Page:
Although I don’t often bake many sweets (partly due to high temperatures and high humidity in Hong Kong), this tiny cream puff gem is definitely a must have in one’s collection of recipes! Profiteroles, one of the smallest members of the cream puff family, are made from a thick batter. A drop of the batter on a baking sheet expands during baking to become a hollow golden ball, perfect for any number of fillings, such as ice cream, pastry cream, or even savory mixtures. The magic ingredient that transforms solid batter into hollow puffs is steam, which is produced by the liquid in the paste during baking.
50g. (2 oz.) unsalted butter, softened
75g. (2 3/4 oz.) plain flour
1/2 cup milk
2 eggs (lightly beaten)
200ml. (7 oz.) whipping cream (whipped enough to fill puff)
100g. (3.5 oz.) semi sweet chocolate (broken into pieces)
25 g. (1 oz.) unsalted butter
50 g. (2 oz.) caster sugar
Preheat the oven to 200c (400f). Grease a baking sheet and dust with flour. Pour milk and 5 tablespoons water into a small saucepan, add the butter and bring to the boil over a low heat. To form a smooth paste, add the flour all at once to the boiling water-milk mixture in the saucepan. Stir vigorously and scrape the sides of the pan until a stiff paste comes together in a smooth ball. Transfer the thick shiny paste to a large mixing bowl, separate the paste into a few pieces, and cool them for only 10 minutes before adding the eggs. If the eggs are added when the paste is too hot, they can set the eggs, resulting in a paste that will not puff sufficiently in the oven. Beat in the eggs by hand until fully absorbed.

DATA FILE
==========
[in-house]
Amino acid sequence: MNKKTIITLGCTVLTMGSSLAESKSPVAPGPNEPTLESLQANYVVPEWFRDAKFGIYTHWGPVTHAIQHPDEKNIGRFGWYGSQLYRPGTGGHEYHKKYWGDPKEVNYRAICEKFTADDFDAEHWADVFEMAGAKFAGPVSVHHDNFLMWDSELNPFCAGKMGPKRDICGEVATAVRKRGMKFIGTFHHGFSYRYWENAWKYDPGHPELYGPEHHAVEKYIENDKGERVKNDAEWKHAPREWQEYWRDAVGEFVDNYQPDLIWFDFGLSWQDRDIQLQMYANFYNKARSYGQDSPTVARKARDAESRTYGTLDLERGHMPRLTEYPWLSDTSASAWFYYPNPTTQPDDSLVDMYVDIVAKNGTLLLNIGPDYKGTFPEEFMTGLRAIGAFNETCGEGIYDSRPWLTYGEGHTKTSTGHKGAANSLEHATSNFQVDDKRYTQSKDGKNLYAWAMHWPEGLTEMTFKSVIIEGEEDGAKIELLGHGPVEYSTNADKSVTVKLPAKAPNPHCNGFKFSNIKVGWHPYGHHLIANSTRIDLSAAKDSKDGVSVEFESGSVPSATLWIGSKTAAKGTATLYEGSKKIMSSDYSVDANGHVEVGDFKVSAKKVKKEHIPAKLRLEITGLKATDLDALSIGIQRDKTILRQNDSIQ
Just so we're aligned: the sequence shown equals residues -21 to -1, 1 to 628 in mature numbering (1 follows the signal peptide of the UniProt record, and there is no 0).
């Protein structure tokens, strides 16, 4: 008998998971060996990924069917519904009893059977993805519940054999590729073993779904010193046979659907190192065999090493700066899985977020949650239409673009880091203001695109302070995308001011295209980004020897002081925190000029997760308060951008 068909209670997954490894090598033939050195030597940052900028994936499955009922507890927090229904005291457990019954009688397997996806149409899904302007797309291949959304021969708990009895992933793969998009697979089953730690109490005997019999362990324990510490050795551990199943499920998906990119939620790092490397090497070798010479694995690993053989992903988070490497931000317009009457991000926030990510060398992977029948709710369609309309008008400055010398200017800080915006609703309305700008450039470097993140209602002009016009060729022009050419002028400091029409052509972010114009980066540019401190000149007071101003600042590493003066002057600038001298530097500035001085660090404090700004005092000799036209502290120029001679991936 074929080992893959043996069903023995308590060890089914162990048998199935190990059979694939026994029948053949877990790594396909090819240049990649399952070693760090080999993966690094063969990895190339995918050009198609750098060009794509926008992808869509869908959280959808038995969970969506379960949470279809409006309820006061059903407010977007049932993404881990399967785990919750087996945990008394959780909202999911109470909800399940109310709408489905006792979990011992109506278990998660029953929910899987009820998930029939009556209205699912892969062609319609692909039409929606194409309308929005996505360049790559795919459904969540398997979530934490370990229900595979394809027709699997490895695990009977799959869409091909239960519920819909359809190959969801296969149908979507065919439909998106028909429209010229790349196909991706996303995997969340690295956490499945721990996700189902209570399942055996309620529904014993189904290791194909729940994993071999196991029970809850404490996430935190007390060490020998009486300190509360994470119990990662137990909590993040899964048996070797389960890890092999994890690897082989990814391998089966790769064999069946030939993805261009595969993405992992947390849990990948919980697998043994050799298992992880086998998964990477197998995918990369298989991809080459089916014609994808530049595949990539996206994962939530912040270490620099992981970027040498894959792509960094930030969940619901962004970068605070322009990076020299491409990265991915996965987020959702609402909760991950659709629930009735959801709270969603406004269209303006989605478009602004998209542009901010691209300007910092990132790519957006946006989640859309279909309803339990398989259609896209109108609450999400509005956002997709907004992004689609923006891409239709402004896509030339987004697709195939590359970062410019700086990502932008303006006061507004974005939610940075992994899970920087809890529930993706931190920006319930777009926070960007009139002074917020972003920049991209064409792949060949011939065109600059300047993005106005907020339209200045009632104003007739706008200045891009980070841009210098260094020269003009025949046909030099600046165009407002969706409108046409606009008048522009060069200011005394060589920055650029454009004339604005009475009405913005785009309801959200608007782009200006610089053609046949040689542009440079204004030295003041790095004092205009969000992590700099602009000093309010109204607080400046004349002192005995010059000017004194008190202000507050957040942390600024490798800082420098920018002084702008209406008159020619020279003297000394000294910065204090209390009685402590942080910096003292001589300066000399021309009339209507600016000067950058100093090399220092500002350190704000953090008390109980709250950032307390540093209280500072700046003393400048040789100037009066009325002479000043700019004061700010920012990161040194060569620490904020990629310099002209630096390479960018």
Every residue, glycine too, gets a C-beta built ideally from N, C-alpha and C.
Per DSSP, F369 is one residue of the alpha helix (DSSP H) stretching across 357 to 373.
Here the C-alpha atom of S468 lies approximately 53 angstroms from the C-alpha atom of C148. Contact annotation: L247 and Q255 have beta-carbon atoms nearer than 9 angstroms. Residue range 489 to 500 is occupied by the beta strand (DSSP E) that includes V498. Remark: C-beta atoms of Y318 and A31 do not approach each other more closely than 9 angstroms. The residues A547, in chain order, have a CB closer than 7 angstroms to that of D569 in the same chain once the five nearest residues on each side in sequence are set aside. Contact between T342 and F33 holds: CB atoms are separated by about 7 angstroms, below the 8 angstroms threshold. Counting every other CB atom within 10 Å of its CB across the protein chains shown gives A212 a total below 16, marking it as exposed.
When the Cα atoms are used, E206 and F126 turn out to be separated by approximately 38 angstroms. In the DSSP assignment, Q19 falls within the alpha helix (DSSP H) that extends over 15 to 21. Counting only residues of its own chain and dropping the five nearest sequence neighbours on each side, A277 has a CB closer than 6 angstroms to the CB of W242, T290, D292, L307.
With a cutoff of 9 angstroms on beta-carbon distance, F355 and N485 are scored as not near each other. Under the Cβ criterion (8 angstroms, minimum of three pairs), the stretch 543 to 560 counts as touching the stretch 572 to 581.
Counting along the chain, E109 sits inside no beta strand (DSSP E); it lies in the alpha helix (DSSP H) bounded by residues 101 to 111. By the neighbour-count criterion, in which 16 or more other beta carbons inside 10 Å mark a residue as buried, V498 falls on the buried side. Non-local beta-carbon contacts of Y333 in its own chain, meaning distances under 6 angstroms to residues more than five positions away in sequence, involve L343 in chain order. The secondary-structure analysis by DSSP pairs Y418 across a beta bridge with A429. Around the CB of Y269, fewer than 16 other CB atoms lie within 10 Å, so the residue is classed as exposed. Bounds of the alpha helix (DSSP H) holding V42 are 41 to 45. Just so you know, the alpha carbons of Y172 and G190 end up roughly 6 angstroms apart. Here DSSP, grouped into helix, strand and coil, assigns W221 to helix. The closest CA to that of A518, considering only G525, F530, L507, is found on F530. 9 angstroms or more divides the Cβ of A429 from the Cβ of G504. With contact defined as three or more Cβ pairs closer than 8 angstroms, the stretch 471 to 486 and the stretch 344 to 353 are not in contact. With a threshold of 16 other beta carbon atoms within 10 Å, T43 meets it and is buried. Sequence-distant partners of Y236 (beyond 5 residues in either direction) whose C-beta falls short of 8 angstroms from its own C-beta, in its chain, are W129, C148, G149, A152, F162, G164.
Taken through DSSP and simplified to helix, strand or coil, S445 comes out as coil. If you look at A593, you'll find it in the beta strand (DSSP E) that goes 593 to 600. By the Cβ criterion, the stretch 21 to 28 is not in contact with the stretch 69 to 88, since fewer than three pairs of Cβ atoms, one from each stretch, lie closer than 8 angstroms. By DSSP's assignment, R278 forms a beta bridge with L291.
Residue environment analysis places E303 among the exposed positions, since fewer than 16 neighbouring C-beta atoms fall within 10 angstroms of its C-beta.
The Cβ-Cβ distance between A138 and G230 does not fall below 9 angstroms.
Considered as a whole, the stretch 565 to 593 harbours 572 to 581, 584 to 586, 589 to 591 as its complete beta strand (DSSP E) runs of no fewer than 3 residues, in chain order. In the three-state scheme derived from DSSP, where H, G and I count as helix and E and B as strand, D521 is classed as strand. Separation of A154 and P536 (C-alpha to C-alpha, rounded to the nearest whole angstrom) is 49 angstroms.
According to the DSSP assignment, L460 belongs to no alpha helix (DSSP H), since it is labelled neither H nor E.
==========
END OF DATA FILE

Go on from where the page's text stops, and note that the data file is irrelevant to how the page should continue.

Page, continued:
Spoon mixture into a piping bag and pipe 16 mounds onto the prepared baking sheet making sure they are well spaced apart. Bake for 15 minutes or until the mounds are puffed up and golden brown. Transfer to a wire rack to cool. Do not place close together or the steam may soften the puffs and make them soggy.
Method for Topping
Melt the chocolate with 1 tablespoon of water in a small saucepan over a low heat. Stir in butter and sugar and cook until thickened. Remove from heat and leave to cool to room temperature. Make a slit in the side of the profiterole and fill with the whipped cream. Top with the chocolate sauce.
The Culinary Chase’s Note: Small cream puffs bake at a lower temperature (400 degrees) than large ones (425 degrees). You can also arrange the puffs in a pyramid on a dish and pour the melted chocolate over them. Always choose a high grade of chocolate. I like chocolate when there’s 60% cocoa. Don’t be afraid of it tasting too bitter, the sugar you add will more than compensate as you don’t want the chocolate too sweet. If you don’t have a piping bag, use a large (extra strength) baggie and cut one corner off and use as a piping bag. Enjoy!